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‘Why would you do this?’ | Downtown Austin business owner reacts to change in homeless ordinances

The changes restrict Austin police from taking action regarding the ordinances unless they've established the conduct is hazardous or dangerous.

The Austin City Council approved a change to three ordinances which will relax the laws for people dealing with homelessness in Austin.

The changes – which will allow homeless people to loiter if they aren’t aggressive, set up tents if they don’t block passageways and sit or lay down without being pushed along by police – were approved in the early hours of Friday morning.

Bob Woody owns nearly 30 businesses in the Austin area, most of which are restaurants or bars in the entertainment district. He’s not in favor of the changes, suggesting it could impact economic development.

“I think that this type of support should be looked at from the economic community or standpoint of economics in doing business in downtown,” Woody said. “I think that the businesses should look at the council that they have in place and realize the council is going against what business is for.”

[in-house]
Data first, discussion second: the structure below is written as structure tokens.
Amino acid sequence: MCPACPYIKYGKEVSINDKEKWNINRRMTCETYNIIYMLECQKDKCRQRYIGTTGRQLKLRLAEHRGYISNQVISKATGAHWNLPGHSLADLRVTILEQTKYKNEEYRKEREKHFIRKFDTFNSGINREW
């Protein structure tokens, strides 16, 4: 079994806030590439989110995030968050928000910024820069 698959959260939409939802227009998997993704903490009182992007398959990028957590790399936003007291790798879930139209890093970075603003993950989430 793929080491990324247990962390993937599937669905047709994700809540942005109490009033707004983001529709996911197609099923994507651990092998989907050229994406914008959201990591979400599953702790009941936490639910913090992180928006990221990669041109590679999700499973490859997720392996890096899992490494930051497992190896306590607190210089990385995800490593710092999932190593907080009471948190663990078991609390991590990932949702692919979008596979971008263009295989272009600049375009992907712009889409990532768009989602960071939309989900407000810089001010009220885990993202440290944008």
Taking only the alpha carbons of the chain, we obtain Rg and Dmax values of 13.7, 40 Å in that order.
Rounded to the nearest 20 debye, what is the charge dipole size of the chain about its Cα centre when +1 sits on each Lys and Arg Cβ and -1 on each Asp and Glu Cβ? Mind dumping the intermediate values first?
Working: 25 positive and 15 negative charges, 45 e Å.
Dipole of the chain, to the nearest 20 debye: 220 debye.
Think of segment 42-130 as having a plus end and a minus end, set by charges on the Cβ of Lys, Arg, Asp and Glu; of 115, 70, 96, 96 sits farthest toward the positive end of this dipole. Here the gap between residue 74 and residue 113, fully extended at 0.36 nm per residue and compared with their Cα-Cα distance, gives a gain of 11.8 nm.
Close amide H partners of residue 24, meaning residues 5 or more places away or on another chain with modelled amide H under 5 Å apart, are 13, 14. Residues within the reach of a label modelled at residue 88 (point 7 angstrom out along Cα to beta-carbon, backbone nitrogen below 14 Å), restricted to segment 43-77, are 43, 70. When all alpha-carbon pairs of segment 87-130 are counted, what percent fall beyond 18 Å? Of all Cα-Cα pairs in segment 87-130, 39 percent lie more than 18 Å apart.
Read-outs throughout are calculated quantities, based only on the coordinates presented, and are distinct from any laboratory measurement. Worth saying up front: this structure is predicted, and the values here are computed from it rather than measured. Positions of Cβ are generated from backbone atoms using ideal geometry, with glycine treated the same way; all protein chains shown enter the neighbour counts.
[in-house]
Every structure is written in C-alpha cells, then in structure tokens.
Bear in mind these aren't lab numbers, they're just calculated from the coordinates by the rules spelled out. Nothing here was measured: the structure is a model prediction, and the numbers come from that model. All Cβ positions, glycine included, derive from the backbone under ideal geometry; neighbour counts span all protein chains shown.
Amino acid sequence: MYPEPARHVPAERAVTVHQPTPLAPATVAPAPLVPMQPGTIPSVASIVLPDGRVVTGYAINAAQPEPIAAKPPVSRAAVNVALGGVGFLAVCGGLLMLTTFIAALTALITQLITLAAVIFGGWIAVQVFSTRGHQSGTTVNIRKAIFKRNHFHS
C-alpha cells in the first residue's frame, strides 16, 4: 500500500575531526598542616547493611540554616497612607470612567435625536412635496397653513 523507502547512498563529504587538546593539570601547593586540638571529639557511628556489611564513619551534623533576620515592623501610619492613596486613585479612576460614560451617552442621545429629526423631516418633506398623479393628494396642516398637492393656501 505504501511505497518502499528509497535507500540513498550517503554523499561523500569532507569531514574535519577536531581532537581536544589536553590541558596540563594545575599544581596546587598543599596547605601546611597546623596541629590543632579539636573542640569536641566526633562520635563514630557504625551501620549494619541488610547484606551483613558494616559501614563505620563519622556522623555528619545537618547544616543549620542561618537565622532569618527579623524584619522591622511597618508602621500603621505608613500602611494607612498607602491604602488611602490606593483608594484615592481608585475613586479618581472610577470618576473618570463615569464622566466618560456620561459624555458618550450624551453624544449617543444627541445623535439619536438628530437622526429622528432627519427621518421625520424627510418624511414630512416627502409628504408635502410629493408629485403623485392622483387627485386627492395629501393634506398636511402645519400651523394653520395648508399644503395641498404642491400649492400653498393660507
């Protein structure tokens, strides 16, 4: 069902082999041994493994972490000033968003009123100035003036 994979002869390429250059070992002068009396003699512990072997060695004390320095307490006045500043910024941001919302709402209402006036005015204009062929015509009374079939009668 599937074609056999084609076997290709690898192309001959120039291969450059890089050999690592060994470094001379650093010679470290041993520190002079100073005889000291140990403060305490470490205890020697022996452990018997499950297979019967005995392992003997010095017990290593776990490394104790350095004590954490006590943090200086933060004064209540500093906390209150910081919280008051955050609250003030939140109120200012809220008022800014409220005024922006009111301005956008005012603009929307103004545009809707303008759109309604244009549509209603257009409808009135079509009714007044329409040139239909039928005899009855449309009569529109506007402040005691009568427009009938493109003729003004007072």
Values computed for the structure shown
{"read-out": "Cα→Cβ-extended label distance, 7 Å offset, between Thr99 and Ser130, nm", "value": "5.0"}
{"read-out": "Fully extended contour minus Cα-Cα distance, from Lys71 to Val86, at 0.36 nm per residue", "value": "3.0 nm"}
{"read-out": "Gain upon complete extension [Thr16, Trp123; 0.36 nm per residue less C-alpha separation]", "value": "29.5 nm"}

Woody said the loosening of the laws might mean Austin’s homeless problem gets worse before it gets better.

“The only positive to this is it will help things get so bad that it becomes a tipping point,” he said. “As soon as the homeless go too far, then maybe we'll come to the reality that their lives need help and it's not taking place in downtown in the entertainment district.”

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But many people are in favor of the changes, as they showed up to rally outside of City Hall on Thursday night. The rally’s closing speaker, David Johnson, also testified before the city council.

On Friday, he took a break after pushing for the change – but not for long.

“It’s all a step in the right direction, so this is a step,” Johnson said. “If we stop and pat ourselves on the back for too long and tell ourselves that this is going to resolve everything, then we're going to find ourselves in a much worse situation."

Advocates said the change was needed to end the criminalization of behaviors that come with being homeless.

"How is it logical to criminalize someone having no place to go, when we as a community have failed to provide those places for them?” Johnson said.

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